Now, let me give you some Corn family history.

 

I was able to meet Sandy had some history for me to share.  Their great, great, great, great grandfather was John Slaughter Corn who was born in 1811 and died in 1892.  John was an excellent casket maker.  He once sold a casket for $7.50 which was a lot of money in 1873.  The family farm was 3 1/8 miles southwest of Oak Grove.  In 1865, the Kansas Redlegs  burned now the original homestead.  Probably the Ordinance 11.

 

Carl Corn’s father Della, was the youngest son of his generation, and he grew up in the Oak Grove/Sni Mills area.  He had 5 brother and sisters.  Here’s a picture of Della and his 2 brothers, Linnie and Omer.  Linnie Corn is Ronnie Corn’s father which makes Ronnie Corn a first cousin to Nancy, Carol, Sandy and Norby.   Omer Corn’s children were Roma George and Paul Corn. 

 

 

During WWII, Carl was a member of the Japan Signal Corps.  He met Mona Lee who was from Arkansas while in the service, and they soon married.   Carl also had various jobs like working at coca cola and being a manor bread man, but like my father, his heart was in Oak Grove.   From the Oak Grove Mercantile, to Corn’s Thriftway, to Corn’s Apple Market and the addition of  a Ben Franklin store.  Carl stayed involved with those businesses for 40 years but in 1984, Norby took over control of the businesses.  His daughter Sandy also worked at the stores.  The businesses were shut down in 2004. 

Maybe you might remember some of these names of people who worked for Carl and Norby:

Patsy Martin, Norma Hackley, Clara Lance, Gary Arnett, Faye Scarborough, Curtis Day, Steve Ogden, Wayne Owings, Oscar Flucke, Brent Hutchens, Marie Church, Kenneth Smith, Bill Larmiman, Army Owings, Mike Jackson, Jim Borland, Bill Wright, Richard Dent, Marge Hook, Lisa Shrout Beck, Jimmy Wall, and Bill Robinson.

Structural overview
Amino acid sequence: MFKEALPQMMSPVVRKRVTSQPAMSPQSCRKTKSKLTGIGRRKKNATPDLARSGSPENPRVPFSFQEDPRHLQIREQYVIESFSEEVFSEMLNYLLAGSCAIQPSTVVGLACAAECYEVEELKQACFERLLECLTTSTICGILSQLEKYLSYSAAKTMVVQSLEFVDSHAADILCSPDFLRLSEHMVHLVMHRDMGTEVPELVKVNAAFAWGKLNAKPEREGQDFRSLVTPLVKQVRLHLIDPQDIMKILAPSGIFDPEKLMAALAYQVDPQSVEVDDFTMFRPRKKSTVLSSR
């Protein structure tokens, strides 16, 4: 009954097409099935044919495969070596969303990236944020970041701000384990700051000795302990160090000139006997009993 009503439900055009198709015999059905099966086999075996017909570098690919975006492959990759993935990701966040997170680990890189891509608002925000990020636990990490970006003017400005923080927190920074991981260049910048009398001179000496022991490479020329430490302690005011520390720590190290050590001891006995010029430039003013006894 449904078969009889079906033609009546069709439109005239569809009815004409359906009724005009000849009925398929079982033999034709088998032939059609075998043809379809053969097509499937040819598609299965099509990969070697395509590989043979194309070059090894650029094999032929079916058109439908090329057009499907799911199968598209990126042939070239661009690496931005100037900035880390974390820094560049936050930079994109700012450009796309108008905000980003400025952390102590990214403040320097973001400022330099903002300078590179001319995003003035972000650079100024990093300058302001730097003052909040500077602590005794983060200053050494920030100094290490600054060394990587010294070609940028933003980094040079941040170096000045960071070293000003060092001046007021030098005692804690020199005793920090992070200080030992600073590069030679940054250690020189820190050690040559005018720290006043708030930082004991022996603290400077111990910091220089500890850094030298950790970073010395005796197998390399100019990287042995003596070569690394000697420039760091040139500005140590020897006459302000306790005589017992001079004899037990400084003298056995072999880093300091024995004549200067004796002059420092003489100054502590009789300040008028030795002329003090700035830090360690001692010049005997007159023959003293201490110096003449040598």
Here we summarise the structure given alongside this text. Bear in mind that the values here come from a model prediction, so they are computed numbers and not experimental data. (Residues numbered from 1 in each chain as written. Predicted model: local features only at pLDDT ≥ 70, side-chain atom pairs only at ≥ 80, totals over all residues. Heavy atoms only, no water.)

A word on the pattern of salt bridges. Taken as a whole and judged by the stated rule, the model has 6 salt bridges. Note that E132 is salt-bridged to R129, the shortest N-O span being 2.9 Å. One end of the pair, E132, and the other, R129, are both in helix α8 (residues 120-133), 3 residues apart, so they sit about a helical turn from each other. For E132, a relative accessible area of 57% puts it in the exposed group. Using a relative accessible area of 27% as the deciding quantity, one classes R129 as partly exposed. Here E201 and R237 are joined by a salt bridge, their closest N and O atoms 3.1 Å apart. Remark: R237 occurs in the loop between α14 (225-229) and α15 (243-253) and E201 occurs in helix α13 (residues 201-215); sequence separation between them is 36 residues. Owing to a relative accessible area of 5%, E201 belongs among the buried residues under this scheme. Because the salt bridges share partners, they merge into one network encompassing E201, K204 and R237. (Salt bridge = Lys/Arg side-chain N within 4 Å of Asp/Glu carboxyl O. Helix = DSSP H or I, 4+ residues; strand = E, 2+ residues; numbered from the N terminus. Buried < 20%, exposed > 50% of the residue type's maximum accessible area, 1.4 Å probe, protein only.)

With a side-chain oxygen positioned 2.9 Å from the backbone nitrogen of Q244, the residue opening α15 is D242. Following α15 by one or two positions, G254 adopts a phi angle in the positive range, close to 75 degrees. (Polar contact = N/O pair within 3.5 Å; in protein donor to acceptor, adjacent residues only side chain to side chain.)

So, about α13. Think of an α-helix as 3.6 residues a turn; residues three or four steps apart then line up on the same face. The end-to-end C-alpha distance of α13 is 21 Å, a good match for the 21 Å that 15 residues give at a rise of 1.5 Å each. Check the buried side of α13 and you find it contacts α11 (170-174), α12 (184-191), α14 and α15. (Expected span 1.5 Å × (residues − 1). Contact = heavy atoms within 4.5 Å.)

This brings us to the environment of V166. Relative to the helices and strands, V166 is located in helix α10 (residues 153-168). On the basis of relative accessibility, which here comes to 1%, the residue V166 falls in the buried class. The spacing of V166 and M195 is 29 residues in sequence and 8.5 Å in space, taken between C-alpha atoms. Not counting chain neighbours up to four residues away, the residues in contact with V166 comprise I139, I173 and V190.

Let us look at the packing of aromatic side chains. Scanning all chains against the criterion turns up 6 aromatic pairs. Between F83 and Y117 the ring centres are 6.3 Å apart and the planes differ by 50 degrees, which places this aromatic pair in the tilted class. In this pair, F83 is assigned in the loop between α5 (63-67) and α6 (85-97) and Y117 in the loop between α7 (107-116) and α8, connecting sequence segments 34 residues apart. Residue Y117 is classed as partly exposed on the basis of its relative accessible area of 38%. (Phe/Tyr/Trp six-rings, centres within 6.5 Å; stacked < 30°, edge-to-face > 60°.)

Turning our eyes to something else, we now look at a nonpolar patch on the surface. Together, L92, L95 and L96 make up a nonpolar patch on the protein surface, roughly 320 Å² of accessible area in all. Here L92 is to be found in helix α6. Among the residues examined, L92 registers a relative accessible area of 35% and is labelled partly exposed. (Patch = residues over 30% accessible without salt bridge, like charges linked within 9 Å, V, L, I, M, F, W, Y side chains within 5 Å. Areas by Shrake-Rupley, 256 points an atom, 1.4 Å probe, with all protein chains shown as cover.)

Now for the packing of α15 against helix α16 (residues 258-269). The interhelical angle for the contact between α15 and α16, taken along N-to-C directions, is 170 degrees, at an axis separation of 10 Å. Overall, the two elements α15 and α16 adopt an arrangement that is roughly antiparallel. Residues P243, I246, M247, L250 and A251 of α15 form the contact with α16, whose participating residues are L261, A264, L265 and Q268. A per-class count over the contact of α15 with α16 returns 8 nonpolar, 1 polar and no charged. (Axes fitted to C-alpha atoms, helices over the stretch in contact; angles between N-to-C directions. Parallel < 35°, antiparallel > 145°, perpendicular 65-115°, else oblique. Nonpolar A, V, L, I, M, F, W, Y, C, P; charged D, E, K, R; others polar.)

Carl was a deacon in the First Baptist Church for over 40 years.  He also belonged to the Lions Club and Chamber of Commerce.

I’m sure Sandy and Norby miss their parents as much as I miss mine!!  And although Nancy Corn McCoy Samson and myself do not live in Oak Grove, she and I still play in the infamous Oak Grove Women’s bridge club!! 

Thank you for letting me share the Hopper and Corn family history. 

1916 Sni Mills Baseball Team.jpg
wooden chain.jpg

This is a wooden chain that was whittled out of one block of wood by Jamie (Hopper) Brown's grandfather, James Hopper. 

Only one link of the chain had to be glued.

Corn's Thriftway ad.jpg
Lifelong Friends & Oak Grove Businessmen.jpg
Sandy and Pete Grayum.jpg
Lennie, Dellie, Omar Corn.jpg
Bob Corn stirring the apple butter.jpg

Lennie, Dellie, Omar Corn

Lennie lived at the NW corner of Corn Cemetery Road and F Highway. 

Dellie is Della Norby, Sandy, Carol and Nancy's grandfather. 

Lennie is Ron Corn's grandfather and Bruce Corn was Ron's father. 

Sandy and Pete Grayum

The Bob Corn Family, pictured making apple butter, the son and grandaughter of Ray and Jenny Corn

It's a Corn Thing T-shirt.jpg